A couple of days ago I was waiting to pick up some medication in a busy hospital pharmacy. There was a boy aged about nine also waiting. I pulled up in my wheelchair and waited nearby.
The boy couldn’t take his eyes off me. I smiled in what I hoped was a friendly way but his face remained unchanged and expressionless. I ignored him and carried on waiting (and ticcing).
He’d been staring at me for ten minutes when a woman sat down next to him, nudging him gently. He looked a bit put out when she began to chat to him. She noticed him looking at me and asked, “Is that your mum?”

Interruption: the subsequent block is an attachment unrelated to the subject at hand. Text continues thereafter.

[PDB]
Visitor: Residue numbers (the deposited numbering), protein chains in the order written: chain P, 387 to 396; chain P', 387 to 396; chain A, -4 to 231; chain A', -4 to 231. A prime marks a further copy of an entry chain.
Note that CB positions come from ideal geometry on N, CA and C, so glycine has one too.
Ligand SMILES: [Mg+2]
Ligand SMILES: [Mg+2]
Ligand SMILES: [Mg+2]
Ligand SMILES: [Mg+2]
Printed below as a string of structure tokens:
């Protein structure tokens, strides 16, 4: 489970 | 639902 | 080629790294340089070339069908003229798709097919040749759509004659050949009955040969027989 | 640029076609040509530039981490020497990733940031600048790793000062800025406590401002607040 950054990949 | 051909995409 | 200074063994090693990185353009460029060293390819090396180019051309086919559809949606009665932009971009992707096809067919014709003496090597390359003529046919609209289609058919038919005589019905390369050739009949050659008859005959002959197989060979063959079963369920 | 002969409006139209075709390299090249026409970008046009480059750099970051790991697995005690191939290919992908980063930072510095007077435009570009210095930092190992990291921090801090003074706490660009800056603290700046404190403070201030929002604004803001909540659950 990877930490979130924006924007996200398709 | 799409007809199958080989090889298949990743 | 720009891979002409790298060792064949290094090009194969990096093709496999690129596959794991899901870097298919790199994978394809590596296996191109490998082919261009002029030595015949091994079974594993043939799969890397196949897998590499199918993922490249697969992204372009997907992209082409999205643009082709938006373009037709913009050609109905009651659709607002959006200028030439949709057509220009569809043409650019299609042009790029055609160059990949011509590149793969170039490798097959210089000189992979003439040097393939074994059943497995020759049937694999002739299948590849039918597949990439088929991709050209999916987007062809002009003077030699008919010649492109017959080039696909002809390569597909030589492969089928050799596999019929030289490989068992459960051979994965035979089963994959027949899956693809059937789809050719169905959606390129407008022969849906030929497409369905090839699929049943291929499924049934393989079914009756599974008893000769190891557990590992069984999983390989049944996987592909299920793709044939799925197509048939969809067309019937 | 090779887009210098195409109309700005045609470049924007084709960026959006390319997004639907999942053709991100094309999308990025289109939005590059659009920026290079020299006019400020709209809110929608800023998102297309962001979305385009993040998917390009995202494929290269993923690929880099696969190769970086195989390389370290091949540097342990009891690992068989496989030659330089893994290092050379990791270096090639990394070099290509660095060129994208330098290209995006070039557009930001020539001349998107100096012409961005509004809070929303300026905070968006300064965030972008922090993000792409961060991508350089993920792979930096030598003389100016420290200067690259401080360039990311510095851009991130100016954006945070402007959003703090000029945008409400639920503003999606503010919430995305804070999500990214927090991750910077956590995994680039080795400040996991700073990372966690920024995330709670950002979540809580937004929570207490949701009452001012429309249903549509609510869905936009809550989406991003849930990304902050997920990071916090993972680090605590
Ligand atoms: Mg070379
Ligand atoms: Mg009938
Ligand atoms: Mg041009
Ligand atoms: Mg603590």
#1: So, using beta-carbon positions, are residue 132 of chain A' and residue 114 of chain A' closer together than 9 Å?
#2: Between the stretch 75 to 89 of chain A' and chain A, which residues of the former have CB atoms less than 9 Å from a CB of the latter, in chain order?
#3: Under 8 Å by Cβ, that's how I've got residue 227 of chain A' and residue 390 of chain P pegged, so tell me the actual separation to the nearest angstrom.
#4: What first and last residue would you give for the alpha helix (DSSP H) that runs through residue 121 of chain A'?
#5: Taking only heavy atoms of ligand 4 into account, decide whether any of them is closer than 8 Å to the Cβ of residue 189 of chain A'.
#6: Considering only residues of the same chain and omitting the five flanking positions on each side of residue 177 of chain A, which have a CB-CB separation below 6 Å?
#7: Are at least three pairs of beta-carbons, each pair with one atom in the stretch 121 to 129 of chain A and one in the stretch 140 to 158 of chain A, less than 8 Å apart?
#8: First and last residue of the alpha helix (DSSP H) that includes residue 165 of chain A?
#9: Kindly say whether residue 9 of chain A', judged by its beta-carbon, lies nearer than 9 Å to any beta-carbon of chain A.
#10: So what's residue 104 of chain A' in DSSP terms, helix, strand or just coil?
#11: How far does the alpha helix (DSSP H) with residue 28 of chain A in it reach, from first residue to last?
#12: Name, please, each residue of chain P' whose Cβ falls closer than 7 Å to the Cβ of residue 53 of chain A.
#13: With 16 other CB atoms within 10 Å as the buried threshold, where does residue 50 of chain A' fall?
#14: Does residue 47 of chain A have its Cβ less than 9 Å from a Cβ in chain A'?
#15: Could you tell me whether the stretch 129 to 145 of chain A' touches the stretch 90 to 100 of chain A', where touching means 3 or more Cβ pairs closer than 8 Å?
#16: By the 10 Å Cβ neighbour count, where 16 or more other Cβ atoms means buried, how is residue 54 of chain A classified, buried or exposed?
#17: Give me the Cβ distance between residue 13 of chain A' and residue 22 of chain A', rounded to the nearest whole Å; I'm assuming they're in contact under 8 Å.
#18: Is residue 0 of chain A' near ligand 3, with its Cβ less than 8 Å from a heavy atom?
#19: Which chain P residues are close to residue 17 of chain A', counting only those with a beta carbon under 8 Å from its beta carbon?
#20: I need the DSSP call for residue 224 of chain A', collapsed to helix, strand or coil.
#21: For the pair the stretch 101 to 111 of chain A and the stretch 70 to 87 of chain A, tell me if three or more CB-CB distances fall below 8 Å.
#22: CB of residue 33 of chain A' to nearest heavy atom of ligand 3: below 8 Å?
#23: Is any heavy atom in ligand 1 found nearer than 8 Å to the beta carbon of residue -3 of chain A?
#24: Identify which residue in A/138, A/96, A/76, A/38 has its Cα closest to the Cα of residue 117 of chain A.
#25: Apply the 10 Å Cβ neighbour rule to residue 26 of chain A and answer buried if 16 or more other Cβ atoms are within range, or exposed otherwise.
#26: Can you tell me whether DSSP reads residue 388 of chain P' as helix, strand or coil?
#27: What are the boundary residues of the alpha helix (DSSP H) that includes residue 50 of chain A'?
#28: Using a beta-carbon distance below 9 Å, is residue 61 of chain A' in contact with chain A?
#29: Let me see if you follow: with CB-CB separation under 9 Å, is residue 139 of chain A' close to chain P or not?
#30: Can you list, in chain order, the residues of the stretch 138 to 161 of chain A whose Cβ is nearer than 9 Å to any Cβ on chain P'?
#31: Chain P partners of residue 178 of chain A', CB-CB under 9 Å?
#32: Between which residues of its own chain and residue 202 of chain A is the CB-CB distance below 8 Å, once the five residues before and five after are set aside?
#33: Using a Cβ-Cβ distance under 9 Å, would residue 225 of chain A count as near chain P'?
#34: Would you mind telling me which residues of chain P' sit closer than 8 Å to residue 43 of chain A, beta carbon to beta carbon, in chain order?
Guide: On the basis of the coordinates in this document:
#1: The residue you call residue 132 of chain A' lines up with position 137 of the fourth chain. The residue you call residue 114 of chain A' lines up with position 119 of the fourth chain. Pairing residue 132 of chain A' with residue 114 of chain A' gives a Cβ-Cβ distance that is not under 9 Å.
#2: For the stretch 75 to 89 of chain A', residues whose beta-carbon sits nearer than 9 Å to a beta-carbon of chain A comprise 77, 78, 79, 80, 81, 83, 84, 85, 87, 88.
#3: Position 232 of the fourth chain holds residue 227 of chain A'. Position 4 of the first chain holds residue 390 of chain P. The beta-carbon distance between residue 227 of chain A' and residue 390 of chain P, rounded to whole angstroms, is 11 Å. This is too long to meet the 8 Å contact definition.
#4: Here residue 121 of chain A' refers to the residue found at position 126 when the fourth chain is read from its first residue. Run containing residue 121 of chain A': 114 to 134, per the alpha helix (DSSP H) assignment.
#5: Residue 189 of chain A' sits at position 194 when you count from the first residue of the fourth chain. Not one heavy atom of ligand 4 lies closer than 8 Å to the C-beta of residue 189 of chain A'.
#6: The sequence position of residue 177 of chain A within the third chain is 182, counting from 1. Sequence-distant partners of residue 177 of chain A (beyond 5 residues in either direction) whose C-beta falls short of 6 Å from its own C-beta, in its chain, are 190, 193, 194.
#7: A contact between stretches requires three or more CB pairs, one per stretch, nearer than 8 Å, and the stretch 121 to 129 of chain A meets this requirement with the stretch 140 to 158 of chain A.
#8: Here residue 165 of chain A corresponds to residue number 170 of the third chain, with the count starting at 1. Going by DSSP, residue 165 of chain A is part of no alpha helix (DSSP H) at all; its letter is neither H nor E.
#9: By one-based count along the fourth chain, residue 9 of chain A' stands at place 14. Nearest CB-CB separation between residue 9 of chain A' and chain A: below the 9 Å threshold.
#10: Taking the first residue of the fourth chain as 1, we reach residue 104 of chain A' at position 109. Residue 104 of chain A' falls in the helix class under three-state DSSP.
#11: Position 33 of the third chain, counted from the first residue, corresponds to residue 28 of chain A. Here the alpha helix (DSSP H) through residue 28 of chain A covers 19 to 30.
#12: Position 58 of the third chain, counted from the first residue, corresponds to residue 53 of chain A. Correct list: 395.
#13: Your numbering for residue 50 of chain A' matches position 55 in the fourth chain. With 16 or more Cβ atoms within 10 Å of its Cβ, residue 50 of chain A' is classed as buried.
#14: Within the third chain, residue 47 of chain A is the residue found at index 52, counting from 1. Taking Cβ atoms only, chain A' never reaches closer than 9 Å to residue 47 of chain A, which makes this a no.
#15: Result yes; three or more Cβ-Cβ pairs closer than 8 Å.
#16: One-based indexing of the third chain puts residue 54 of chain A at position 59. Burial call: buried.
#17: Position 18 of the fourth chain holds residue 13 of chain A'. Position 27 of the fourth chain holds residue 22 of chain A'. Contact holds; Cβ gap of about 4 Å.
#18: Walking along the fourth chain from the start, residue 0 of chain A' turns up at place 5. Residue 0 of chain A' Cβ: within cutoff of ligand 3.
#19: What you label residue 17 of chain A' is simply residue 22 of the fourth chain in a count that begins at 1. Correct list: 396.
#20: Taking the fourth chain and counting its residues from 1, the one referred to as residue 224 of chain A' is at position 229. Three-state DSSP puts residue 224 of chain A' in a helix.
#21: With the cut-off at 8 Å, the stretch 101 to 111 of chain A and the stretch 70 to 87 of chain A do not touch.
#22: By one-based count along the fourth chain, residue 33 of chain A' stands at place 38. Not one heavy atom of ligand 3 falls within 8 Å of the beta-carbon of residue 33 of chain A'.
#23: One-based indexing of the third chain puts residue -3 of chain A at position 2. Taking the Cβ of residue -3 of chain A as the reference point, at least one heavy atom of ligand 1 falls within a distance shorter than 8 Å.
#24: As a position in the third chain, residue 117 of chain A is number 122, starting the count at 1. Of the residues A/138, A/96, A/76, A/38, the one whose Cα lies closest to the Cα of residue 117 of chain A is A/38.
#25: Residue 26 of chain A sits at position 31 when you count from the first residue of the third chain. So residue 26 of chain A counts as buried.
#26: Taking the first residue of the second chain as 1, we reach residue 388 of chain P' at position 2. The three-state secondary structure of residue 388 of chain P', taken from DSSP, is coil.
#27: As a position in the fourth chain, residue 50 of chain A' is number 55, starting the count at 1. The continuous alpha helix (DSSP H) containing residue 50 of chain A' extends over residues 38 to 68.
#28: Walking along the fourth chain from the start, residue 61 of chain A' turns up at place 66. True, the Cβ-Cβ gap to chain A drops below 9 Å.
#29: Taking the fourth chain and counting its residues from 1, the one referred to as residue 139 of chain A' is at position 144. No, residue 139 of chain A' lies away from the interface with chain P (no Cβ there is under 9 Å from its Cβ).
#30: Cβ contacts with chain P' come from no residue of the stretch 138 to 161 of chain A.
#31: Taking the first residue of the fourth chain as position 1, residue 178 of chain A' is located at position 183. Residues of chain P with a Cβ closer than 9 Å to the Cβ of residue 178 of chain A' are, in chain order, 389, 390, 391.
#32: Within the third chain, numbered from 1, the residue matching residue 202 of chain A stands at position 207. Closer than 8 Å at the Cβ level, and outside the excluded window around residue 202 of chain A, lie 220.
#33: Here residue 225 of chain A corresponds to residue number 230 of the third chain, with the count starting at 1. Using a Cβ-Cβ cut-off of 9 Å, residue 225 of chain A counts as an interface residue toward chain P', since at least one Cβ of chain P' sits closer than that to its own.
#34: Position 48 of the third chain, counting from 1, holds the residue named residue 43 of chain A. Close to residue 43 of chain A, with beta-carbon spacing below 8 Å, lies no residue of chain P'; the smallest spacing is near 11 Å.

His reaction, instant and angry, was “No way!” The woman looked shocked by the force of his response. And he continued to stare at me with disgust.
I said, “We’re not here together, but it wouldn’t be that bad if we were.”
He seemed stunned that I’d spoken and his expression softened slightly.
Soon after that my number was called so I wheeled off to collect my prescription.
I’m used to people staring at me. Children in particular like to look, usually with natural curiosity written all over their faces. The reaction of the boy in the pharmacy was more unusual, which is why I spoke up.